It’s the little details that make Only The Brave stand out from the pack of other heroic and tragic tales. I didn’t expect much from Brendan and his baby, suspecting we’d only see him holding his daughter a few times. But there’s a surprisingly sweet sequence where he and another Hotshot struggle with the baby running a fever and they scramble with how to handle it. One of the Hotshots happens to know a nurse and the crisis is averted, with Brendan admitting that was the most frightening moment of his life. Amanda also has her own experience of frustrations, struggling to maintain the ranch on her own and push her new business of shoeless horses to local farmers. She may have to share her man with the fires, but she gets equal enough time in this story to be more than just the worrying wife back home.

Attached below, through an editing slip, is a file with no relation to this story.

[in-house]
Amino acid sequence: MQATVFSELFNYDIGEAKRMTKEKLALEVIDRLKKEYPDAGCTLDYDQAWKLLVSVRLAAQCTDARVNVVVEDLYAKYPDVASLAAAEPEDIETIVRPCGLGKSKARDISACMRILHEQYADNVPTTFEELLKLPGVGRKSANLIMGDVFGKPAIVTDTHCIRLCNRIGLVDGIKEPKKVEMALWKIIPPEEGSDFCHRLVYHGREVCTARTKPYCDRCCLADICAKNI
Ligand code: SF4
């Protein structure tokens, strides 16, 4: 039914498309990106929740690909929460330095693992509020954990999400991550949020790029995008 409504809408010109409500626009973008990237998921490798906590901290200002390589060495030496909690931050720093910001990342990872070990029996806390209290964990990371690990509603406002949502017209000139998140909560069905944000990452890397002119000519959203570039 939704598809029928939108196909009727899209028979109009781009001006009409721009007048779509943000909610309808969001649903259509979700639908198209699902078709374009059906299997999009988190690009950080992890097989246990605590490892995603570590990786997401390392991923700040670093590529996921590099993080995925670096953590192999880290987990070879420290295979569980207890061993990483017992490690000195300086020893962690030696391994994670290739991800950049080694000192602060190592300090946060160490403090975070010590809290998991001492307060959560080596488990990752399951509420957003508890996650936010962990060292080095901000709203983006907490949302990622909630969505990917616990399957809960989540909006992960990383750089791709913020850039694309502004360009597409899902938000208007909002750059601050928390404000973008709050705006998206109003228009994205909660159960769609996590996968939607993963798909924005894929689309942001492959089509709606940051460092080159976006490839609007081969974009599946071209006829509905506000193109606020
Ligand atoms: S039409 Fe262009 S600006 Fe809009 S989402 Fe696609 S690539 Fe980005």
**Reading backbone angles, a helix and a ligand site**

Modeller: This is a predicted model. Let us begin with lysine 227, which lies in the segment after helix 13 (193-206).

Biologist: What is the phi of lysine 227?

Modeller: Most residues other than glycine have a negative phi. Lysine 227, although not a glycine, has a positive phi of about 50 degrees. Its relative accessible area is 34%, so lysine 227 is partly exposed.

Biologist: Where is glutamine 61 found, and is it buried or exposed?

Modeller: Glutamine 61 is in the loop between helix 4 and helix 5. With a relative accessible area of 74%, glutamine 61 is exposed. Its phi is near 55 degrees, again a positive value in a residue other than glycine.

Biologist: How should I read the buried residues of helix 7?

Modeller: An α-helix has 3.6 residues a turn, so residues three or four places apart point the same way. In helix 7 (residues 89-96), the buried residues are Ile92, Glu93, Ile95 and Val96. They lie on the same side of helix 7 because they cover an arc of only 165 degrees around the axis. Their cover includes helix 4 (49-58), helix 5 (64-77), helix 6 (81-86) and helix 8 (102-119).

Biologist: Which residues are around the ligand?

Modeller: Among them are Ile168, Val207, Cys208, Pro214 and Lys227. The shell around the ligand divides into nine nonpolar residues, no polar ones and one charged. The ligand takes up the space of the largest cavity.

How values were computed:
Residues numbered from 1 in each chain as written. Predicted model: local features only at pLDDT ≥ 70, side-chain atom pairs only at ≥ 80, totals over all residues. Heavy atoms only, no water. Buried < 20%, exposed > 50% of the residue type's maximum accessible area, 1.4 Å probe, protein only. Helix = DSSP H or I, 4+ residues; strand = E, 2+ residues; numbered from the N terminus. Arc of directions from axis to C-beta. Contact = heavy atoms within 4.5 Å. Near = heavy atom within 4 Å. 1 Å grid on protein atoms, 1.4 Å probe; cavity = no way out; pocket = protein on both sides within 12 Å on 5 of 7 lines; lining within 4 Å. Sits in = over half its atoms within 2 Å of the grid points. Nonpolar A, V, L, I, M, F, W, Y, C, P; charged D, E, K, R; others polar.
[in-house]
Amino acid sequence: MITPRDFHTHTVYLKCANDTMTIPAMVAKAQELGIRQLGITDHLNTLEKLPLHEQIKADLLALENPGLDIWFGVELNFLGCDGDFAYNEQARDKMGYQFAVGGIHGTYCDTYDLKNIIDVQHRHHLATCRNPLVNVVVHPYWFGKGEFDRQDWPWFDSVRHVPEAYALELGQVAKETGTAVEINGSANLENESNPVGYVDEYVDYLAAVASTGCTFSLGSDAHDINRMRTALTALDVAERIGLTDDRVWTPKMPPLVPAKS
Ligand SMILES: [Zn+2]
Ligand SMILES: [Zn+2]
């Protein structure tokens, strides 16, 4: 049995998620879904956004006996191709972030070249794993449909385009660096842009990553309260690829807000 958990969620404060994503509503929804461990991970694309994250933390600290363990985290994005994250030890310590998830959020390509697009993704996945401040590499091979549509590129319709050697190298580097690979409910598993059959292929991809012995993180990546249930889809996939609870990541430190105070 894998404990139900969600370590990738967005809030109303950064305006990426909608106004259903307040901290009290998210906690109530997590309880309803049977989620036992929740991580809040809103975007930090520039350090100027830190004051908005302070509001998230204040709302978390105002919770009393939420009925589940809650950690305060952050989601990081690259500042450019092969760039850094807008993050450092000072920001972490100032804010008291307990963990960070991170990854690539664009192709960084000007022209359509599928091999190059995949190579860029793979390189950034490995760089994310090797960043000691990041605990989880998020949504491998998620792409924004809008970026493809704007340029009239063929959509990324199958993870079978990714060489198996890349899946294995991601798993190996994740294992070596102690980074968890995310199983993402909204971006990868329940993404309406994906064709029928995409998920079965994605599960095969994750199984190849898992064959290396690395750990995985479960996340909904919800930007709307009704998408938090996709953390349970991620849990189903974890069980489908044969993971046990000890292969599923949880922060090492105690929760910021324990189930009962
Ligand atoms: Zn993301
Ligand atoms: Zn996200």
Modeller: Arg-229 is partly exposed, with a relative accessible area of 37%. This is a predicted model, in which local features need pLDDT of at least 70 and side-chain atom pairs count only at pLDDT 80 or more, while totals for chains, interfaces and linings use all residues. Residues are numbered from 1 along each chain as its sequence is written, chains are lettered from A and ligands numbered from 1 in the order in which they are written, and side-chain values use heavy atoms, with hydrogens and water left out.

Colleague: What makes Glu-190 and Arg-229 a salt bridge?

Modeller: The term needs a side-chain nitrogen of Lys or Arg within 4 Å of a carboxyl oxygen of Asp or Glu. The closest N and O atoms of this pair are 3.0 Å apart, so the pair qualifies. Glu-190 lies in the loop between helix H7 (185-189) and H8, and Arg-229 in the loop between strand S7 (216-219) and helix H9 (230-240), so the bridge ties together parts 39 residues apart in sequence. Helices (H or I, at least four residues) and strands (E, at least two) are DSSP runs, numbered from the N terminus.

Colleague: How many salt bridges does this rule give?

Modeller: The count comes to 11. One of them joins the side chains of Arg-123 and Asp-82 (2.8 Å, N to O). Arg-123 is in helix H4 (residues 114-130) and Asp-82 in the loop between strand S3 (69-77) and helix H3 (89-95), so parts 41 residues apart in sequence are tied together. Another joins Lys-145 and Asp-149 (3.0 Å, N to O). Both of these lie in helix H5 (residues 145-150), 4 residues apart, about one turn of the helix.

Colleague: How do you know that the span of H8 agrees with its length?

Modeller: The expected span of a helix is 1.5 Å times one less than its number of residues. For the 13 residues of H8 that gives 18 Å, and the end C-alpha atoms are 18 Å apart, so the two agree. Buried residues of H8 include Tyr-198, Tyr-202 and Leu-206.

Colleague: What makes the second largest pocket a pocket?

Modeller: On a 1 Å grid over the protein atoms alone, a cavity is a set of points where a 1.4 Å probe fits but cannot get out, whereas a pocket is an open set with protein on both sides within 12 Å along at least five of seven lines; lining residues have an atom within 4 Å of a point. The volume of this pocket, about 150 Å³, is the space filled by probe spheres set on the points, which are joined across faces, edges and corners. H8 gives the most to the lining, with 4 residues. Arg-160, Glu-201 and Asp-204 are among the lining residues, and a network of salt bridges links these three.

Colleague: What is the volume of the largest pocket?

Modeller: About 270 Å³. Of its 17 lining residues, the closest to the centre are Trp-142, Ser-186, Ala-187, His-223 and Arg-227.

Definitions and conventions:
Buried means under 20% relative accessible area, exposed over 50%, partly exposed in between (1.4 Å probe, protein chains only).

The fires these boys combat are as terrifying as they are believable. They approach their strategies with a calm demeanor, committed to digging trenches and cutting off the path of flames, but are aware that one miscalculation could lead to a swift death. There’s a moment when they start spreading flames with a device that spits out embers, only for it to turn into a flamethrower when the mixture gets too hot, forcing Brendan to launch it into the fire. Brendan is slightly panicked about what went wrong, but Eric brushes it off as just being a bad batch. He’s more concerned about promptly leaving the area before the flame spread faster. And when the team tackles the massive Yarnell Hill Fire, the mission turns dark and harsh, all of them striving to be brave amid the most horrific of disasters.

Hotshots: Only The Brave

Hotshots: Only The Brave